History and Traditions

UCA Alma Mater – 1923 – Miss Ora Blackmun, a member of the English Department wrote the words to the Alma Mater.

From the hills and from the lowlands,
Comes the song of praise anew;
Sung by thousands of our children,
Alma Mater we sing to you.
(Break it down)
Then we’ll unfurl our colors the Purple and the Gray
And in the breezes see them ever proudly sway;
They lead us upward, they lead us onward,
They lead us to victory (Go Bears!).
Then let us gather round with loyal hearts and true,
Our Alma Mater’s call OBEY;
Our dear old colors will live forever,
The Royal PURPLE and the GRAY.

UCA Fight Song – 1970’s – Homer Brown, director of the UCA Band, chose the trio to Purple Pageant March as our fight song.  The previous fight song was the Eyes of Teachers.  The Eyes of Teachers was adopted when we were Arkansas State Teachers College. The Eyes of Teachers and the Eyes of Texas are the same tune.

Go-Go-Fight Bears
You will lead us on to victory
Hey, go-go-win team
Bears will charge the field and never yield
We’ve got the spir-it, and we’ll show our colors
Here tonight-so let’s cheer
The Purple and the Gray Team
Mighty BEARS will win the FIGHT (Go Bears!)

UCA Colors – The colors for UCA were decided the first year and according to an article in the November 24th, 1908 edition of the Log Cabin Democrat, were said to be purple and silver. President Doyne assigned the task of developing school colors to W.O. Wilson and Ida Waldran in 1908. Wilson was wearing a gray sweater and Waldran was wearing a purple scarf. They chose the colors based upon the color of the clothing they were wearing that day. Both Wilson and Waldran thought that purple and gray complemented each other. Today the official colors for all UCA sports teams are purple and gray.

UCA Mascot – It wasn’t until 1920 that the UCA athletic teams had a mascot.  According to Dr. Ted Worley, author of A History of The Arkansas State Teachers College, the UCA teams from 1908-1919 were referred to by many names, including: Tutors, Teachers, Pedagogues, Pea-Pickers and Normalites.  In 1920 the Bears became the mascot for the teams.  However, it wasn’t until April 7, 1921 that the teams were called “Bears” in print.  Dr. Worley also quoted sources as saying the Bear was an appropriate symbol for the school because Arkansas’ nickname was the “Bear State.” The women’s teams were known as the Bearettes for several years. The name of Sugar Bear came later. Victor E. Bear came about in 1999 and Victoria E. Bear came soon after. Bruce D. Bear became the newest addition to the UCA family in 2006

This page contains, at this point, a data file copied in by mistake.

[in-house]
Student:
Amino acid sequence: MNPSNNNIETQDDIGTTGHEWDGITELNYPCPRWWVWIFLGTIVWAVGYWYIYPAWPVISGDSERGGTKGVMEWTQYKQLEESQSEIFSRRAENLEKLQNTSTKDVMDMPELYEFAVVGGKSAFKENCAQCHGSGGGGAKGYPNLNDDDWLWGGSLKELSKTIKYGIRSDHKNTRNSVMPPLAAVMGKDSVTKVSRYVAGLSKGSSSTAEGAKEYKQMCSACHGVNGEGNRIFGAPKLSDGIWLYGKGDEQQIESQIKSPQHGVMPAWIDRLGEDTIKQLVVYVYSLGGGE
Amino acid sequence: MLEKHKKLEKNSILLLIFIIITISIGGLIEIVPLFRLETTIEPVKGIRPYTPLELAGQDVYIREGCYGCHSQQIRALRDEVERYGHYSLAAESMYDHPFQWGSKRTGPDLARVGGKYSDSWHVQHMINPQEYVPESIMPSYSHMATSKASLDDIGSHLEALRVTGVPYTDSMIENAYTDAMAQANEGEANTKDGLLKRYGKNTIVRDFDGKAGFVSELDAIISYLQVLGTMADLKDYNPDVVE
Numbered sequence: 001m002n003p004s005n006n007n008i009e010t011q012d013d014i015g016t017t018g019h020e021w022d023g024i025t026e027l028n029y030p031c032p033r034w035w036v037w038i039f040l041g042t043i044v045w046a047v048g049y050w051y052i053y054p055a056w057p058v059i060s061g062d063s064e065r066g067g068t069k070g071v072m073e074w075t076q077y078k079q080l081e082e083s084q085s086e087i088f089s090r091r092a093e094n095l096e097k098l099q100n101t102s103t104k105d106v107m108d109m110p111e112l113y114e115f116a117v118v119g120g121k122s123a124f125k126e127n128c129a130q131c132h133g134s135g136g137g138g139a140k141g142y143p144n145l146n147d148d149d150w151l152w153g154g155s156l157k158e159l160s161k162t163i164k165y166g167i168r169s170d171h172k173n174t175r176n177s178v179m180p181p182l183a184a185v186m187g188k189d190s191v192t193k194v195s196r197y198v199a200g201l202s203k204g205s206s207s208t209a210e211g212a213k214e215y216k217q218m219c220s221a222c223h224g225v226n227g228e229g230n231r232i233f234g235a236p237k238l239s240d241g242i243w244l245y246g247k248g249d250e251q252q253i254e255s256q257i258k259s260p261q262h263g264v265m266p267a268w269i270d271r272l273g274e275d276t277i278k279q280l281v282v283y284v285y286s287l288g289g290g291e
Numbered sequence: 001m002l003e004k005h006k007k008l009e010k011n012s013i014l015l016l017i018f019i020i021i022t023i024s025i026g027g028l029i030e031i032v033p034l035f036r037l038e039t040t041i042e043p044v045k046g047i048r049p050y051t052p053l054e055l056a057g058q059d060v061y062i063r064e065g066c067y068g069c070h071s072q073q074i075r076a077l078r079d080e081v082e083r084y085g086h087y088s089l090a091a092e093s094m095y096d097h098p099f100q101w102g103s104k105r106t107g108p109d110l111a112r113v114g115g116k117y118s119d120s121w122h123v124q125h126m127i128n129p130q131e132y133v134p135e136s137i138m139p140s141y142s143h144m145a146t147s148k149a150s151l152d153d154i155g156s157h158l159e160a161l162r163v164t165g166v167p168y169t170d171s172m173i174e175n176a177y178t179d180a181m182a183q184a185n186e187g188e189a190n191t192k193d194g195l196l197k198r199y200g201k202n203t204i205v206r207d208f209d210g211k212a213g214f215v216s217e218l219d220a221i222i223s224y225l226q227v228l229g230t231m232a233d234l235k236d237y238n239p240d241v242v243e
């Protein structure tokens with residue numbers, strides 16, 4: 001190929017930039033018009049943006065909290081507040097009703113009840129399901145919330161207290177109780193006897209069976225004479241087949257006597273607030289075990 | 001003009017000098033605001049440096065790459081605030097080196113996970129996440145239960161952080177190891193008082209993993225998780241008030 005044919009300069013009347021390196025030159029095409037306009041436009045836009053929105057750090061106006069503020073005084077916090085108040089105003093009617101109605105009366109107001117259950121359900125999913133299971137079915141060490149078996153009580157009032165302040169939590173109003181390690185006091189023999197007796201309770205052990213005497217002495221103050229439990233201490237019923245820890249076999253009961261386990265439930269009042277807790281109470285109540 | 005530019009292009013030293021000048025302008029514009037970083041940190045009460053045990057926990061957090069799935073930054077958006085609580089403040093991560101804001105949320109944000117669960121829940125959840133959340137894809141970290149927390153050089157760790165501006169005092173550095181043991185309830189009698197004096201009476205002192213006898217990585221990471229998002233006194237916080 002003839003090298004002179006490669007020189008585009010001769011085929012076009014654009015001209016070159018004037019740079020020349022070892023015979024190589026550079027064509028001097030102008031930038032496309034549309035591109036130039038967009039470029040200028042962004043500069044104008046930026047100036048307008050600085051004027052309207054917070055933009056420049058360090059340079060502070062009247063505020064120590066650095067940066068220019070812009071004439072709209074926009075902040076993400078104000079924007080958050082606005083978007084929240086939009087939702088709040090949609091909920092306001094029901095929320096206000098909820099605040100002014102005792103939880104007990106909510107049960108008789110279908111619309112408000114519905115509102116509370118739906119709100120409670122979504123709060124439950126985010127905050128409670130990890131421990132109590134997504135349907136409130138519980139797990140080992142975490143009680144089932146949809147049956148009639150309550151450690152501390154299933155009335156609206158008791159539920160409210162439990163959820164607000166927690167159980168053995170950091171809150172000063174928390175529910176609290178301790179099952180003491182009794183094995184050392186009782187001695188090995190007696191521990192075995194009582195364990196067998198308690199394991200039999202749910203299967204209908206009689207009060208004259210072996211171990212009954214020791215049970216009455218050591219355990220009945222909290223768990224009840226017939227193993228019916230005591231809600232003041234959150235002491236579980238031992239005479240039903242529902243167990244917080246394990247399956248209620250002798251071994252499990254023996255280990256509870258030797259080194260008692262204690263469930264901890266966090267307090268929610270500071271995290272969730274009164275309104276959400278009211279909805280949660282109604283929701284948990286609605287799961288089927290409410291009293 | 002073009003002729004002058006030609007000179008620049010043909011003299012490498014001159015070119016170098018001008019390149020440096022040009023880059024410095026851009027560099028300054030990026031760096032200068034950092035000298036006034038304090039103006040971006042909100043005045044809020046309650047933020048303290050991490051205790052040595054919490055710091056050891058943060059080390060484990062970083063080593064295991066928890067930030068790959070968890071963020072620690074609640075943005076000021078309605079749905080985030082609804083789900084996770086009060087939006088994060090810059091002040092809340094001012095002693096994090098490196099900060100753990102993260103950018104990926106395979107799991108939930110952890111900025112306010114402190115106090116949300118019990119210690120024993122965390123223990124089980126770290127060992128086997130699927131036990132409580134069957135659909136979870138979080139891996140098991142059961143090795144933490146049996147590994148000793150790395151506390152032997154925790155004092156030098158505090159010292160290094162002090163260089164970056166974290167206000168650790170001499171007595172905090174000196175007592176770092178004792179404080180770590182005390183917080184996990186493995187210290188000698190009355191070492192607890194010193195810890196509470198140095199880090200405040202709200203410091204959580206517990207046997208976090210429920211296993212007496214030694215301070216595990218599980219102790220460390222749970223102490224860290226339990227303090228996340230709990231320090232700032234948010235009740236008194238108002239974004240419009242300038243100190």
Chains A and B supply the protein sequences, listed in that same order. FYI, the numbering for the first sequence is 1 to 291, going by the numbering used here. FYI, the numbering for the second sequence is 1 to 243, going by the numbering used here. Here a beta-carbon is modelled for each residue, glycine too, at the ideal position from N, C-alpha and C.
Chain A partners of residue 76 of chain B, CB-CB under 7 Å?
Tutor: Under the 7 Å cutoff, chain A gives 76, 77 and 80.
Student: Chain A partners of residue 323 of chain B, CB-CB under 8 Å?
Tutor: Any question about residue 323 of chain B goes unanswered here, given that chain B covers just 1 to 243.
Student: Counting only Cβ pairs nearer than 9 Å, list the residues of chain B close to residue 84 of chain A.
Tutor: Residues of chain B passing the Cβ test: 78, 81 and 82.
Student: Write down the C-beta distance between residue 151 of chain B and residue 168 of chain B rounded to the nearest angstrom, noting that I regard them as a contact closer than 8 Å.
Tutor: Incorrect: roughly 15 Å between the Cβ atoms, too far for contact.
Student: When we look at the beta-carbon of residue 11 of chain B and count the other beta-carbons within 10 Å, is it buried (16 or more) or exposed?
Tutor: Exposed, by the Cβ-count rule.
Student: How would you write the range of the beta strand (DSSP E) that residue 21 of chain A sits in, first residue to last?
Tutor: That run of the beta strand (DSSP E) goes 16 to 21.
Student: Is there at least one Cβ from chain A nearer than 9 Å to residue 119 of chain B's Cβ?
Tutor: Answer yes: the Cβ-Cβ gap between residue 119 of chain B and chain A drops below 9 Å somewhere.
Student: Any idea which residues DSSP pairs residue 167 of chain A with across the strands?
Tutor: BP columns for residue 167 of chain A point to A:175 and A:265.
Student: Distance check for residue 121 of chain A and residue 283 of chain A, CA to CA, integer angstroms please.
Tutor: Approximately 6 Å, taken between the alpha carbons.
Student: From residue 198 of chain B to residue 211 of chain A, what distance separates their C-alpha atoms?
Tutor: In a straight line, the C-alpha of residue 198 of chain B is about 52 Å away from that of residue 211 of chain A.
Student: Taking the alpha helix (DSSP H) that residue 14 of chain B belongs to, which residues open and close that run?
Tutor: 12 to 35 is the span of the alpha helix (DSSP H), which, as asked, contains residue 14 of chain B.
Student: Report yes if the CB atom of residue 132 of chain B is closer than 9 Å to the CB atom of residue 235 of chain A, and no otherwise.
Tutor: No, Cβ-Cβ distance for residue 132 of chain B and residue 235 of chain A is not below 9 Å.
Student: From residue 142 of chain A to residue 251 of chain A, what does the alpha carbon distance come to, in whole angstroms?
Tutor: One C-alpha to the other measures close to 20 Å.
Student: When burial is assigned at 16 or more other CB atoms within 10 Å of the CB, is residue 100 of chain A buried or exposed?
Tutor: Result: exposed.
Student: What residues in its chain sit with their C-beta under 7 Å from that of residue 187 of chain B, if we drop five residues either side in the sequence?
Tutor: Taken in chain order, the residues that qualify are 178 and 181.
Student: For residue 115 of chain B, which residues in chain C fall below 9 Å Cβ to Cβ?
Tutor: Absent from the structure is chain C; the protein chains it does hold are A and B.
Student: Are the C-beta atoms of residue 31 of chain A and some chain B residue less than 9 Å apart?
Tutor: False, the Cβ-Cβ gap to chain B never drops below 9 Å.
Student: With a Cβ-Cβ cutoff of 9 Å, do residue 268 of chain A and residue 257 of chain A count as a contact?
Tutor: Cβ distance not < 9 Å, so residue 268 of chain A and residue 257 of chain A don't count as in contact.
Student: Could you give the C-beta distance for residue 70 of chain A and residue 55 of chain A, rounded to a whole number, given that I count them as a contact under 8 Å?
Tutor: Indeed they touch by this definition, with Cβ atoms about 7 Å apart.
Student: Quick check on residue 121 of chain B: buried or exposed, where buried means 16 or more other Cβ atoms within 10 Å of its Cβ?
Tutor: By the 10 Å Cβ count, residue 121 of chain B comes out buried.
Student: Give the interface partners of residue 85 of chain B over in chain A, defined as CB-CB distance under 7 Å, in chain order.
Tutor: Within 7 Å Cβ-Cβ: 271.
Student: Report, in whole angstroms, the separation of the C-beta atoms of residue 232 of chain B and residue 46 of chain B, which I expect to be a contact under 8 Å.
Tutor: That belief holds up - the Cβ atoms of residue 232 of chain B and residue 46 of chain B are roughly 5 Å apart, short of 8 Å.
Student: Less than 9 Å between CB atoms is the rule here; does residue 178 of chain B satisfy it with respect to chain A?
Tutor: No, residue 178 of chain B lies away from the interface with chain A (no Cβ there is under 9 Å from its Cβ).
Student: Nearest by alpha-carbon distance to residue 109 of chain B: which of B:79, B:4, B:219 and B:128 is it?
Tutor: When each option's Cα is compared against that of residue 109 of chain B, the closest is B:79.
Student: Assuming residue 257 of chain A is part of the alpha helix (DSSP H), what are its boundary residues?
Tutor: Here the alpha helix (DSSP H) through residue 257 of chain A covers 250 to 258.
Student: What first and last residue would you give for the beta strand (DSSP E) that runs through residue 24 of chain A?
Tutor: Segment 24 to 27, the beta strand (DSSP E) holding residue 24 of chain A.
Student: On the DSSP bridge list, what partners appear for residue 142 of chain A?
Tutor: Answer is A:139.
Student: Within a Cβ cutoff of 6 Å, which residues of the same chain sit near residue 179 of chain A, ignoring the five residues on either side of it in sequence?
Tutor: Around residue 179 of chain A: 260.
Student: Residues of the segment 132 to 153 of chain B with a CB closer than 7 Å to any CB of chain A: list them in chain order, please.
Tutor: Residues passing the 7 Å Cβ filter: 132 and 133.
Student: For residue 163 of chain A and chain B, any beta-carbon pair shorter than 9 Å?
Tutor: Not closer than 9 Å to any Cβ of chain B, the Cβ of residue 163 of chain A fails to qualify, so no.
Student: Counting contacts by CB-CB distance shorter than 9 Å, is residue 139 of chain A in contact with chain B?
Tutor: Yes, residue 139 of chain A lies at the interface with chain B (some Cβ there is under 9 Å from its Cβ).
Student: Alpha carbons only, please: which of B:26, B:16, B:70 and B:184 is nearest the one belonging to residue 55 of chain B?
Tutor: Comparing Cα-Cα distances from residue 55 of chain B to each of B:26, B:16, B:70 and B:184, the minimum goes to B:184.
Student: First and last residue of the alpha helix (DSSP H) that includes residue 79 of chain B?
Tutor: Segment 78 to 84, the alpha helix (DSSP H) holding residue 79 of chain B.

Main Hall – is the oldest building on campus. This building was completed in 1919 and was built by George Donaghey, the man for whom Donaghey Avenue is named and a former governor of the State of Arkansas.  After the building was built it served a dual role as the administration building and as a classroom building.  It continued to serve as the administration building until the 1960’s.

World War II Marker – UCA’s World War II Memorial was dedicated in October 2003.  The memorial contains the names and branch of service of forty-six UCA Alumni who were killed during World War II. The memorial is a permanent reminder of those UCA Alumni who gave their lives fighting for their country.

Legacy Walk-The Senior Walk is located in the courtyard in front of the Student Center. Each year, graduates will have the opportunity to purchase bricks as part of their class year. For $100, you can purchase a brick that will be inscribed with your name or the name of a graduate that you want to honor.